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Marine regression

Marine regression is a geological process occurring when areas of submerged seafloor are exposed above the sea level.

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Marl

Marl or marlstone is a calcium carbonate or lime-rich mud or mudstone which contains variable amounts of clays and silt.

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North America

North America is a continent entirely within the Northern Hemisphere and almost all within the Western Hemisphere; it is also considered by some to be a northern subcontinent of the Americas.

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Orogeny

An orogeny is an event that leads to a large structural deformation of the Earth's lithosphere (crust and uppermost mantle) due to the interaction between plate tectonics.

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Pleistocene

The Pleistocene (often colloquially referred to as the Ice Age) is the geological epoch which lasted from about 2,588,000 to 11,700 years ago, spanning the world's most recent period of repeated glaciations.

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Raised beach

A raised beach, coastal terrace,Pinter, N (2010): 'Coastal Terraces, Sealevel, and Active Tectonics' (educational exercise), from or perched coastline is a relatively flat, horizontal or gently inclined surface of marine origin,Pirazzoli, PA (2005a): 'Marine Terraces', in Schwartz, ML (ed) Encyclopedia of Coastal Science. Springer, Dordrecht, pp.

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Sandstone

Sandstone is a clastic sedimentary rock composed mainly of sand-sized (0.0625 to 2 mm) mineral particles or rock fragments.

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Sea level

Mean sea level (MSL) (often shortened to sea level) is an average level of the surface of one or more of Earth's oceans from which heights such as elevations may be measured.

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Sea level rise

A sea level rise is an increase in global mean sea level as a result of an increase in the volume of water in the world’s oceans.

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Seafloor spreading

Seafloor spreading is a process that occurs at mid-ocean ridges, where new oceanic crust is formed through volcanic activity and then gradually moves away from the ridge.

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Sediment

Sediment is a naturally occurring material that is broken down by processes of weathering and erosion, and is subsequently transported by the action of wind, water, or ice, and/or by the force of gravity acting on the particles.

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Sedimentary rock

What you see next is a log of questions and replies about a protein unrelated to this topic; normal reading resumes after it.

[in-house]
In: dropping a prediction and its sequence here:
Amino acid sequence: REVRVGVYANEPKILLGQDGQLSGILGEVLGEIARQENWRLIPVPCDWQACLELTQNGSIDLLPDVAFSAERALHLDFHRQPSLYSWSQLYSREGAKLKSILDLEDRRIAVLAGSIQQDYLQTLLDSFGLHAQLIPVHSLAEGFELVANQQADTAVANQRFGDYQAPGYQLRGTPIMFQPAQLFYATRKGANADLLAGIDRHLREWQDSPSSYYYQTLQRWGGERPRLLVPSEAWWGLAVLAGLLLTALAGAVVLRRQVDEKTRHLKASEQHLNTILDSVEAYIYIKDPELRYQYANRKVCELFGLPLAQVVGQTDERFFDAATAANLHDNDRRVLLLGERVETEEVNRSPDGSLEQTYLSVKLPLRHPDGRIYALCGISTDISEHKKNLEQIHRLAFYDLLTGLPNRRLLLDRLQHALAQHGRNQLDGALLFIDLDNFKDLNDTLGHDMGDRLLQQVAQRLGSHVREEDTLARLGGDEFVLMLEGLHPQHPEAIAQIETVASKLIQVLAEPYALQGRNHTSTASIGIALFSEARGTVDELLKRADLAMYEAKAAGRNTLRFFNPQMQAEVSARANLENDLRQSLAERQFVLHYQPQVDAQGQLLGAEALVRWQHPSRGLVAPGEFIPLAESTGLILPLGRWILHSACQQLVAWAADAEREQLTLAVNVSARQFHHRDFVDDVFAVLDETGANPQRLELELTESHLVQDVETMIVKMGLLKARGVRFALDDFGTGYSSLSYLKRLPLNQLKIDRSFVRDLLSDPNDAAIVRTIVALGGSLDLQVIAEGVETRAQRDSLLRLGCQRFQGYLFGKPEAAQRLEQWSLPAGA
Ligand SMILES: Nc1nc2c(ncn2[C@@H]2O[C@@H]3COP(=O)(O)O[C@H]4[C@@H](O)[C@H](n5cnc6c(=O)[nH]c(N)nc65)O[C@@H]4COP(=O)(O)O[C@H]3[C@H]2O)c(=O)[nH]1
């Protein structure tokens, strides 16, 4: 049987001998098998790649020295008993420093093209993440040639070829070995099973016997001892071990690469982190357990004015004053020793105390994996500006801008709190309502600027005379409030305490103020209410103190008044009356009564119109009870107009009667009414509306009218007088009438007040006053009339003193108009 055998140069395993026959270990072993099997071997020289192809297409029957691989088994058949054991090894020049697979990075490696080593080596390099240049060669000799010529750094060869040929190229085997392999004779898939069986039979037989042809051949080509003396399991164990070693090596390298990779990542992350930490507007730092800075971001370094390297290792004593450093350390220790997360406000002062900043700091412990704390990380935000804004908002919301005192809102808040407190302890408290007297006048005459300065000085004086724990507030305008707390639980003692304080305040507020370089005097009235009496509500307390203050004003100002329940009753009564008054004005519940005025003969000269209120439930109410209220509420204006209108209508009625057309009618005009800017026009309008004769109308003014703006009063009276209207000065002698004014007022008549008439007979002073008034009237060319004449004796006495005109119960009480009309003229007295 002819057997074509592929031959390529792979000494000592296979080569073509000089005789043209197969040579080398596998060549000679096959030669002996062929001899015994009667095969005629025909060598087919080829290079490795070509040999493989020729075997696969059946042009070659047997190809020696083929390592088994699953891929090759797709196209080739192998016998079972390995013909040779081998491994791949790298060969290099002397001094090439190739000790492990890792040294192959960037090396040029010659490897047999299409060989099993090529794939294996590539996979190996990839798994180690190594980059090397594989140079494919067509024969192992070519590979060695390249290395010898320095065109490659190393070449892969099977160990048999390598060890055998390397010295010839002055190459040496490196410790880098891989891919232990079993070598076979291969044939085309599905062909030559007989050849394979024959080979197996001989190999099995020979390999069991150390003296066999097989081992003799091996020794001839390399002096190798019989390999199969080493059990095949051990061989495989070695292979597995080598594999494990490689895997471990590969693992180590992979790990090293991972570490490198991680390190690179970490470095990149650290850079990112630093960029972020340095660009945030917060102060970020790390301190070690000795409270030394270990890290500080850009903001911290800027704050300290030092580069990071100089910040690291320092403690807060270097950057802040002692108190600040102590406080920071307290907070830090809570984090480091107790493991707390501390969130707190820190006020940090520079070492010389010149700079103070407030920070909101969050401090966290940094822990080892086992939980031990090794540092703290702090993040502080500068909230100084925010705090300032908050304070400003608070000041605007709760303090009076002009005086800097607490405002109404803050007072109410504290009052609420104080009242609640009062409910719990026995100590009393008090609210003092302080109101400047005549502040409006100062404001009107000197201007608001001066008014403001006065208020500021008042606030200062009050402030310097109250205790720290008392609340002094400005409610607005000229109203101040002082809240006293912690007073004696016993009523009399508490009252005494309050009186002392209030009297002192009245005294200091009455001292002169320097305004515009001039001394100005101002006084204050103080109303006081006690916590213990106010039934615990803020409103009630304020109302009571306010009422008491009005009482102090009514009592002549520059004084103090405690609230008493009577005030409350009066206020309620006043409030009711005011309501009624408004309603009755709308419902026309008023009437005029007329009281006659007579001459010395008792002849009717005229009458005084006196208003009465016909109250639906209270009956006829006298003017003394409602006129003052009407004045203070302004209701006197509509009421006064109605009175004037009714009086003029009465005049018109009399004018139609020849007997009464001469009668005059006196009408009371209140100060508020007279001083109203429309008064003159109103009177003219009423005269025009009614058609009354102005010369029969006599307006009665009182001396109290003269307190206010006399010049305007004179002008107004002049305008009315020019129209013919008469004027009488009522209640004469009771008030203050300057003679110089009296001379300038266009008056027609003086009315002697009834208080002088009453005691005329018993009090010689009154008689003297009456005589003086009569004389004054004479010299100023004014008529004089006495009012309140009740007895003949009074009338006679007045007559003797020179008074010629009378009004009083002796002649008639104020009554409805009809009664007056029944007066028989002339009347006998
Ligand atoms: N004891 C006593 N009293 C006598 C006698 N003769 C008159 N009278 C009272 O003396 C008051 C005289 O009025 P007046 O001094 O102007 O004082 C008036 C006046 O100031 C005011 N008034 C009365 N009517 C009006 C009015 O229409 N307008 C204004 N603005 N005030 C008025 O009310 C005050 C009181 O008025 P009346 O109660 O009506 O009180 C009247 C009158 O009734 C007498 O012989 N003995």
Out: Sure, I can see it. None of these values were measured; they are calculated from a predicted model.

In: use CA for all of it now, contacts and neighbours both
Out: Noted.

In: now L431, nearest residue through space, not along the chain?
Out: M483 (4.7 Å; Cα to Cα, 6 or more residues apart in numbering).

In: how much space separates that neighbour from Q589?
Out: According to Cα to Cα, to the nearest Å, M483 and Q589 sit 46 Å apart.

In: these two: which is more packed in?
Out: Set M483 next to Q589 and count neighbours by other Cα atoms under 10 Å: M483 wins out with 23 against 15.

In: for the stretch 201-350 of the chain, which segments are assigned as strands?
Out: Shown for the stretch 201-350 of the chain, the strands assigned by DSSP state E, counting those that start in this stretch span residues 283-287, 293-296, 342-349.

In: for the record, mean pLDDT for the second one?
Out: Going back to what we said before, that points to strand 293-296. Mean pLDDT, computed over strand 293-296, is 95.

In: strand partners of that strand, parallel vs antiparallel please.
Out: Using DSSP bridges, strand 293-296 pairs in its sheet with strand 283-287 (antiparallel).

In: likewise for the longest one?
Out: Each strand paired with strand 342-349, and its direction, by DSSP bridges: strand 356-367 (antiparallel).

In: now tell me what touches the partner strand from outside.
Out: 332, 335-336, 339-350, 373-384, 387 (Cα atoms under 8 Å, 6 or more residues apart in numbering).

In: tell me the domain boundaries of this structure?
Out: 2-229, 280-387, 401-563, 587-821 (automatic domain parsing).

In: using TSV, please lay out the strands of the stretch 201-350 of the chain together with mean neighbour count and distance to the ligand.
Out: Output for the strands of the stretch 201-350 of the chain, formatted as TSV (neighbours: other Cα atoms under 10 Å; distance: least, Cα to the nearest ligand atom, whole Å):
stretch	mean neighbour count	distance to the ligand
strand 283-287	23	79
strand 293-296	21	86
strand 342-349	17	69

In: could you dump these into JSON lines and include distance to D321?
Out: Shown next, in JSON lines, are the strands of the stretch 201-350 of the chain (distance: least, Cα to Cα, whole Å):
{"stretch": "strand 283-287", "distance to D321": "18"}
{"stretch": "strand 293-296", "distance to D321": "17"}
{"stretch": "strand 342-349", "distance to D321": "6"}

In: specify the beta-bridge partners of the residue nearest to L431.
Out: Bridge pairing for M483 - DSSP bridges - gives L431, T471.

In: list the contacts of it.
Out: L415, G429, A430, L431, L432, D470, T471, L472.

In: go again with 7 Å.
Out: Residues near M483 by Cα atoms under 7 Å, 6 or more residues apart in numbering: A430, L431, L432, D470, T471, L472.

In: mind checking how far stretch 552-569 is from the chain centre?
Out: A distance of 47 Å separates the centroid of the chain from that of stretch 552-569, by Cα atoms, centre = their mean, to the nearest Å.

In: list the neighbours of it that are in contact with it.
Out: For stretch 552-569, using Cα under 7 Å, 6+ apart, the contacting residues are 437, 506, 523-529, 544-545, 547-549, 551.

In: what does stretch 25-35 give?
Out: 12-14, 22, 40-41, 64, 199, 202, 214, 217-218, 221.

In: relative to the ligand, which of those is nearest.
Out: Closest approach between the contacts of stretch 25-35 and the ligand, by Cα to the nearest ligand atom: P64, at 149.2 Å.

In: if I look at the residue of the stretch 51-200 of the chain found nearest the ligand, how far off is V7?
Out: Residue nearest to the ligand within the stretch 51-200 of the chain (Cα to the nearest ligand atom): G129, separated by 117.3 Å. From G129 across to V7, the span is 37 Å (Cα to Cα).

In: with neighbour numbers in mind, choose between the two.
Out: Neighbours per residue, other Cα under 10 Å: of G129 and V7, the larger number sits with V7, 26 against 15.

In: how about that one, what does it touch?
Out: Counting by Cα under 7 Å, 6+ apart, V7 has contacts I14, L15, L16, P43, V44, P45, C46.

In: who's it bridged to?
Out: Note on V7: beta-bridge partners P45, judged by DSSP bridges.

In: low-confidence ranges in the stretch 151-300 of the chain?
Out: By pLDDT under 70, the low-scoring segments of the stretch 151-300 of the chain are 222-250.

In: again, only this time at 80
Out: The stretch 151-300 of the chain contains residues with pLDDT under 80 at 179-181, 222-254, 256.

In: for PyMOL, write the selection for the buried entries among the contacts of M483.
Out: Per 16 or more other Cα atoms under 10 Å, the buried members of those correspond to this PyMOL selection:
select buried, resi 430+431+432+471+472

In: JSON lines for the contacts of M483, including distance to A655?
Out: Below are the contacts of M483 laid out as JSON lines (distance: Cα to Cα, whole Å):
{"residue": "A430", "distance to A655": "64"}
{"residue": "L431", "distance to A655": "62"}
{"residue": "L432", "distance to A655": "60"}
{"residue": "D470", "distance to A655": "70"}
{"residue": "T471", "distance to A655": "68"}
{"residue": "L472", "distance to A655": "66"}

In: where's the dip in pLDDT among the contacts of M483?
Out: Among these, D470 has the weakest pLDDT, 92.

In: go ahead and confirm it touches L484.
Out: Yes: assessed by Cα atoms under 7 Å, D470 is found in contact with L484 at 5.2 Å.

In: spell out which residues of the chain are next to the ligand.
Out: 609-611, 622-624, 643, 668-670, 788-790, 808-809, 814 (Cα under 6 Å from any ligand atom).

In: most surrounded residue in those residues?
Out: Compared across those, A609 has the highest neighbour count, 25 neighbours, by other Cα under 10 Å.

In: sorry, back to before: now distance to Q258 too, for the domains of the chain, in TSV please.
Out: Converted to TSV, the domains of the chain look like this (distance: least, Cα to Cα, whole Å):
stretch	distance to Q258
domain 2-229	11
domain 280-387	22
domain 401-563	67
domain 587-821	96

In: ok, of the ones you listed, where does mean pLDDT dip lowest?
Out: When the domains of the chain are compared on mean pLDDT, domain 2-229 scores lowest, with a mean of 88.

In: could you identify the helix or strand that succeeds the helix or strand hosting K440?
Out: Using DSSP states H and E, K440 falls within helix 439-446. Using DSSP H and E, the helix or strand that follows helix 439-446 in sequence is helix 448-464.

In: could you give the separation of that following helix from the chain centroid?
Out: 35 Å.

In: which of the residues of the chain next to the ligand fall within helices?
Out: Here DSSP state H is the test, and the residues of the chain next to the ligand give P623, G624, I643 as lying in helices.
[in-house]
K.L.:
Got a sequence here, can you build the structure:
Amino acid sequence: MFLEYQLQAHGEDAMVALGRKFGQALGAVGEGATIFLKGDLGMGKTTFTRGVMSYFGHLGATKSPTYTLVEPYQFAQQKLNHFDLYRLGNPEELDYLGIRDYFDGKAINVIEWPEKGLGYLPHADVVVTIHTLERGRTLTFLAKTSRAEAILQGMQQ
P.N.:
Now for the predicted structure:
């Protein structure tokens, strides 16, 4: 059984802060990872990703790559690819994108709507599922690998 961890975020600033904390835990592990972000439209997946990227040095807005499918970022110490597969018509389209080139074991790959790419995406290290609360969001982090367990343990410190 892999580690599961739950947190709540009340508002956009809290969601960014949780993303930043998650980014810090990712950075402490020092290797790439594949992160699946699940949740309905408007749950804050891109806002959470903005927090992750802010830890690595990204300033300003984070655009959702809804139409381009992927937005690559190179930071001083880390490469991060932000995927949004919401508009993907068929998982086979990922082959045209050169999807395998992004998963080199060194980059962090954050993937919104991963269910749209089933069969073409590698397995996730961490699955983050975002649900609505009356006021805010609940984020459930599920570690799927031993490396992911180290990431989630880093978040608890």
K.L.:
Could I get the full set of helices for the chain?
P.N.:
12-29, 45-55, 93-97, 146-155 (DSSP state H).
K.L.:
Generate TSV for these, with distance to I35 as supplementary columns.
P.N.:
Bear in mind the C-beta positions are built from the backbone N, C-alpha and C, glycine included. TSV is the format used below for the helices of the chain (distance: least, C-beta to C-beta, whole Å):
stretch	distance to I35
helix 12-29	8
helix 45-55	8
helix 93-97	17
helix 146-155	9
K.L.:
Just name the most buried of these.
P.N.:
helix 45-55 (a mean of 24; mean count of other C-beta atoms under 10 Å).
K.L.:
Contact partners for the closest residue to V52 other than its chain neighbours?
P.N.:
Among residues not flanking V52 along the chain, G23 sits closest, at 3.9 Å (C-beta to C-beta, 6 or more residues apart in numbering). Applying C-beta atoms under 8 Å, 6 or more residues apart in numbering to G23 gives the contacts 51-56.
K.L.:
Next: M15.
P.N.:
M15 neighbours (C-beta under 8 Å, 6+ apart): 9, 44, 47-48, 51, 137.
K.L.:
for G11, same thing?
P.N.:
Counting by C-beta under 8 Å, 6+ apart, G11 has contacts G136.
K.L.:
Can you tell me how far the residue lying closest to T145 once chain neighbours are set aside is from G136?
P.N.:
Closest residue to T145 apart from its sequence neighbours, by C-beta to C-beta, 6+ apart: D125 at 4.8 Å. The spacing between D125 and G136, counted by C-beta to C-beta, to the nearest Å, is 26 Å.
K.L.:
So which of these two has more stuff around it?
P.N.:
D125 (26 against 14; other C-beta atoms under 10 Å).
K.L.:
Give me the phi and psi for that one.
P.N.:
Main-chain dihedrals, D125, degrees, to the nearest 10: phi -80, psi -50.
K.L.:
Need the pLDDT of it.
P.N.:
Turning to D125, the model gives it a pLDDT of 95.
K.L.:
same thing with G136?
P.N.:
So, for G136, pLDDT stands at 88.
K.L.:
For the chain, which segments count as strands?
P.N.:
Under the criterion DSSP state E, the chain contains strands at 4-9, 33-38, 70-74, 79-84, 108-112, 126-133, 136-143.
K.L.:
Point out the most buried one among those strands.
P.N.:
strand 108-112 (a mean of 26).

Sedimentary rocks are types of rock that are formed by the deposition and subsequent cementation of that material at the Earth's surface and within bodies of water.

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Sequence stratigraphy

Sequence stratigraphy is a branch of geology that attempts to subdivide and link sedimentary deposits into unconformity bound units on a variety of scales and explain these stratigraphic units in terms of variations in sediment supply and variations in the rate of change in accommodation space (often associated with changes in relative sea level).

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Silt

Silt is granular material of a size between sand and clay, whose mineral origin is quartz and feldspar.

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Stratum

In geology and related fields, a stratum (plural: strata) is a layer of sedimentary rock or soil, or igneous rock that were formed at the Earth's surface, with internally consistent characteristics that distinguish it from other layers.

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Submerged forest

A submerged forest is the in situ remains of trees (especially tree stumps) that lie submerged beneath a bay, sea, ocean, lake, or other body of water.

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Tectonics

Tectonics is the process that controls the structure and properties of the Earth's crust and its evolution through time.

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Unconformity

An unconformity is a buried erosional or non-depositional surface separating two rock masses or strata of different ages, indicating that sediment deposition was not continuous.

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Western Interior Seaway

The Western Interior Seaway (also called the Cretaceous Seaway, the Niobraran Sea, the North American Inland Sea, and the Western Interior Sea) was a large inland sea that existed during the mid- to late Cretaceous period as well as the very early Paleogene, splitting the continent of North America into two landmasses, Laramidia to the west and Appalachia to the east.

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Redirects here:

Transgression (geology).

References

[1] https://en.wikipedia.org/wiki/Marine_transgression